Madamoiselle

This is as strange as a mainstream film gets. Directed by British director and a leader of the “kitchen sinkers” of the 1950s, Tony Richardson, set in France, with Jeanne Moreau as a sadistic, sociopathic school teacher in a little rural town, spoken in English, with a smattering of French accents, but not from Ms. Moreau, and with several key characters speaking in Italian with no sub-titles, the film seems like a dry run for Haneke’s The White Ribbon, though it is far from dry.  There is, as there always is, a simmering eroticism in Jeanne Moreau’s performance, even when she is her most repressive schoolteacher self and her doppleganger self, who does heinous deeds leading to death, destruction and vigilante action against an innocent man, is as close to cracking as Tony Perkins at his most neurotic but with that added frisson of sexual desire that cannot be fully and finally contained.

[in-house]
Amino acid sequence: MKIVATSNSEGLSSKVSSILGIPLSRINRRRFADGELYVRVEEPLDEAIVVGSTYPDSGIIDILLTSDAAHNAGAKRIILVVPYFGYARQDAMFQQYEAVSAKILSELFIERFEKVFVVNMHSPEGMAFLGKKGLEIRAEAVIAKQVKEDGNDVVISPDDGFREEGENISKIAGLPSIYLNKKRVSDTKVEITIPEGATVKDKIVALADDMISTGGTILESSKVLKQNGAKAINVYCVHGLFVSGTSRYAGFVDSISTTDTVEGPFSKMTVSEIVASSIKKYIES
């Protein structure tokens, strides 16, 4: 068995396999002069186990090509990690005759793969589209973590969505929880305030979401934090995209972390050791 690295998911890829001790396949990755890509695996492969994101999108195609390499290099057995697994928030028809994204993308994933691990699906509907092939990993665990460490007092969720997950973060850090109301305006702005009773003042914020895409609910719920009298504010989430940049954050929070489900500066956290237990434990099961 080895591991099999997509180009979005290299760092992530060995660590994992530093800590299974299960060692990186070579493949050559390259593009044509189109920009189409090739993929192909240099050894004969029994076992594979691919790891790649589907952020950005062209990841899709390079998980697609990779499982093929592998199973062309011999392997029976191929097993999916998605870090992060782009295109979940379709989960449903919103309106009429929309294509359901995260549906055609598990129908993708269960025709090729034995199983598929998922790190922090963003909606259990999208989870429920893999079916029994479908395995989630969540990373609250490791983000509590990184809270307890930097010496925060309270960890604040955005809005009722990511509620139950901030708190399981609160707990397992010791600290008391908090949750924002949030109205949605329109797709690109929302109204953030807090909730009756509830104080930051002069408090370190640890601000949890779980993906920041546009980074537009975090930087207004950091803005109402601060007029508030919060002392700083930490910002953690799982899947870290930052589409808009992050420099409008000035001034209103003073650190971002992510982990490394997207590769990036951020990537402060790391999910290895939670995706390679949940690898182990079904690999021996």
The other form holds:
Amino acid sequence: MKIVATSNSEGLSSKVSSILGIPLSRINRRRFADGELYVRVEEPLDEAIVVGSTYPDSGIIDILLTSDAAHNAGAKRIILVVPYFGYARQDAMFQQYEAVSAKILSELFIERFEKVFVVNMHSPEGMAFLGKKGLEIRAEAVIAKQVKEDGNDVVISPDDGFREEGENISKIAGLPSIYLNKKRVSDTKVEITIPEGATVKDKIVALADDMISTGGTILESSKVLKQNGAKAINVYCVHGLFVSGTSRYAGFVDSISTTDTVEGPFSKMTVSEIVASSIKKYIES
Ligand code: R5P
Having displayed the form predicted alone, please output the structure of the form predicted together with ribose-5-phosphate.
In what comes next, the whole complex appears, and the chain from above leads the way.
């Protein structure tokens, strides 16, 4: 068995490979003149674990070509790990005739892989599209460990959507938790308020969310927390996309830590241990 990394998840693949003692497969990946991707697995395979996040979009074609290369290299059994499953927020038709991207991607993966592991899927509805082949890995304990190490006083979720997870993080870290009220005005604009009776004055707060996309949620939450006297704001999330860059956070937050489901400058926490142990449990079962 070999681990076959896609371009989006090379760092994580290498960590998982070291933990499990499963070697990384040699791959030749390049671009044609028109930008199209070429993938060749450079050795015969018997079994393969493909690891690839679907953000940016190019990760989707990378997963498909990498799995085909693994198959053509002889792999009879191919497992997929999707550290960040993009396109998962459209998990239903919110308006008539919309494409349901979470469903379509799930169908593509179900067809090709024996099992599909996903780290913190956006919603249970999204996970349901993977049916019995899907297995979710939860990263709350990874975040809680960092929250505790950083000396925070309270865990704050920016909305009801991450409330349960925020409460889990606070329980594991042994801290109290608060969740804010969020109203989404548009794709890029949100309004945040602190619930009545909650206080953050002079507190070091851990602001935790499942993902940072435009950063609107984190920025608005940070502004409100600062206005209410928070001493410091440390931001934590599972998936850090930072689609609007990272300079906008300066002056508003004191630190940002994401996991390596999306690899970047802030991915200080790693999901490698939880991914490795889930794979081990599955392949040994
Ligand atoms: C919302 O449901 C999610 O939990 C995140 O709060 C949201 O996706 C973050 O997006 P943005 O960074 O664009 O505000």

It isn’t a great film but it’s a fascinating example of what can happen on the margins of the mainstream. Few reviewed it, Roger Ebert, who is quite astute, panned it, but I find it a glorious example of bad art revelling in its badness. That Jean Genet and Marguerite Duras somehow collaborated or revised each other’s scripts may have had something to do with it.  It’s hard to imagine many films in the 60s having sex scenes as raw, kinky, and hot as the one Richardson builds up in this film.  It’s worth the price of admission alone and  leaves one to ponder if it exists to allow for lingering shots of the handsome Italian woodsman who is Moreau’s seducer and victim simultaneously; he gets lots of screen time and clearly had Genet if not Richardson’s full attention.

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